Thursday, October 14, 2010

Foreign aid

Several articles on foreign aid to Africa, not necessarily about Zimbabwe.

Al Jezeerah reports that some UK banks cooperated with Nigerian corruption:

High street banks in the United Kingdom could have helped fuel corruption in Nigeria by accepting millions of dollars in deposits from dubious politicians in the west African nation, an international corruption watchdog said.

In a 40 page report released on Sunday, Global Witness said that five leading banks have failed to adequately investigate the source of tens of millions of dollars taken from two Nigerian governors accused of corruption.

"Banks are quick to penalise ordinary customers for minor infractions but seem to be less concerned about dirty money passing through their accounts," Robert Palmer, a campaigner at Global Witness, wrote on the group's website.

"Large scale corruption is simply not possible without a bank willing to process payments from dodgy sources, or hold accounts for corrupt politicians."

Global Witness acknowledged that in accepting the money, Barclays, NatWest, Royal Bank of Scotland (RBS) and HSBC, as well as Switzerland's UBS, might not have broken the law, but noted that the Financial Services Authority (FSA) must do more to prevent money laundering through British banks.

In a related article in Medical News Today that summarizes several stores:


U.S. Should Purchase Food Aid From Local Farmers In Africa

In a Richmond County Daily Journal opinion piece, Yifat Susskind, the policy and communications director of MADRE: Demanding Rights, Resources and Results for Women Worldwide, argues that "the U.S. should buy food aid crops directly from local farmers in Africa."

no problem, except of course that this disrupts the ordinary food distribution system already in place, and distorts the price of rice for those who aren't in the famine area or refugee camps.

It was, after all, the cause of the Bengali famine during World War II, where the British bought up all local crops (so that if the Japanese invaded they would starve) and as a result the price of food in that area became so high that a quarter million starved.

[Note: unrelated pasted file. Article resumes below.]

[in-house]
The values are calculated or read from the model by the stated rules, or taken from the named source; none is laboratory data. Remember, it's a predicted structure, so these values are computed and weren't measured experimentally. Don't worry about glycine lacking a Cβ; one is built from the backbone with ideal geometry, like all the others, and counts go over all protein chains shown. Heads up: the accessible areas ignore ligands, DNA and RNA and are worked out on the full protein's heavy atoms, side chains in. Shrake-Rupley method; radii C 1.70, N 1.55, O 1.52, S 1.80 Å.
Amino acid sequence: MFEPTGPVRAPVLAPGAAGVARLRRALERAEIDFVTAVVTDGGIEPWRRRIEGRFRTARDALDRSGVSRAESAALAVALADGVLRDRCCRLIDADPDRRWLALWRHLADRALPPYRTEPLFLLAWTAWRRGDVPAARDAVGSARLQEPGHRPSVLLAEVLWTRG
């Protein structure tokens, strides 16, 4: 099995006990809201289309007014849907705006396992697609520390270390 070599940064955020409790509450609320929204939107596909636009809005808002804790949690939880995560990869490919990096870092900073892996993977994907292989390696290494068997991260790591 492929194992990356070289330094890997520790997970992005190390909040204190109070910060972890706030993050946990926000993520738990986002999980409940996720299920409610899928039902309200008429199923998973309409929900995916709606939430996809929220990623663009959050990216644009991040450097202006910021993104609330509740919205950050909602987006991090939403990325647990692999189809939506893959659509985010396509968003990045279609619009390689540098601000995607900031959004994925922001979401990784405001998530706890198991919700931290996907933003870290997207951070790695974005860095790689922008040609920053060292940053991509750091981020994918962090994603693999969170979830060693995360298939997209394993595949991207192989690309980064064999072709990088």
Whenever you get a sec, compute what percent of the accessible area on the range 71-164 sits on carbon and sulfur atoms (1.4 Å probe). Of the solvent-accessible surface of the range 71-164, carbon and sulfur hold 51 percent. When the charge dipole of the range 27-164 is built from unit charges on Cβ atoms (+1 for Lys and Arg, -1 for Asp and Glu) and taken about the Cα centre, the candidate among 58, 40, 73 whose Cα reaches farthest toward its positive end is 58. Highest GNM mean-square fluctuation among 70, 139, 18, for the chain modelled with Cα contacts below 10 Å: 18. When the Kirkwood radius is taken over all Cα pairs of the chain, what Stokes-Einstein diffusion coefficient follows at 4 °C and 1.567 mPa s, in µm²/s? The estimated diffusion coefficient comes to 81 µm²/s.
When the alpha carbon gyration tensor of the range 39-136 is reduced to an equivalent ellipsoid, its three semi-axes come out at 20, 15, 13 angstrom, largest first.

In the Irish potato famine, a similar exacerbation was caused by local farmers exporting grain (to feed the poor in the UK) while importing only a small amount of maize (which is hard for malnourished intestines to digest) for locals.

They also cite another article that aid should be given in grants rather than loans:

In a Boston Globe opinion piece, Robert Rotberg of Harvard's Kennedy School of Government, ...

Rotberg argues that the U.S. government should "stop lending to recipient countries" and "switch its foreign assistance to making grants." According to Rotberg, conditions that allowed "deserving countries to borrow on generous terms to improve their prospects for growth ... added to a poor nation's debt burden." A better approach "would be to make only grants and condition their renewal on accomplishing the goals of the grant."

and of course, grants would allow local politicians to steal the aid easier than if the lending banks were watching them.

An example of the problem can be found in our local Inquirer, where this article discusses a grant of direct aid to poor families.

Even Mr. Aquino’s cousin-in-law has cast doubt on the CCT program.

Pangasinan Rep. Kimi Cojuangco, wife of Mr. Aquino’s cousin Mark Cojuangco, said that when she was mayor, she found that certain officers of the DSWD had been giving the cash assistance to their relatives and other individuals who were not among the poorest of the poor.

Cojuangco said the families that received the money tended to spend it on alcohol and betting on the illegal numbers racket “jueteng.”

During the deliberations on the DSWD budget, she also said the CCT had been a source of conflict between neighbors, who get jealous of those selected to receive the monthly stipend.

and the Inquirer includes this editorial:

MANILA, Philippines—Several lawmakers continue to cast doubt on the conditional cash transfer (CCT) program of the Aquino government, with one of them even saying that the end beneficiary of the program’s huge budget would be the jueteng lords.

Pangasinan Representative Kimi Cojuangco said that stringent measures should be in place to guarantee that the money will trickle down to the poorest families in the country.

“Coming from the province of Pangasinan, the first thing the mother will do when she gets the money is to buy shoes and groceries, then the husband will go out and buy some gin, and whatever is left of the money is for betting, he would probably go and play jueteng,” said Cojuangco, former mayor of Sison town in the province.

that is, of course, assuming that the poor families actually get the money after all the politicians take their cut of the pot.

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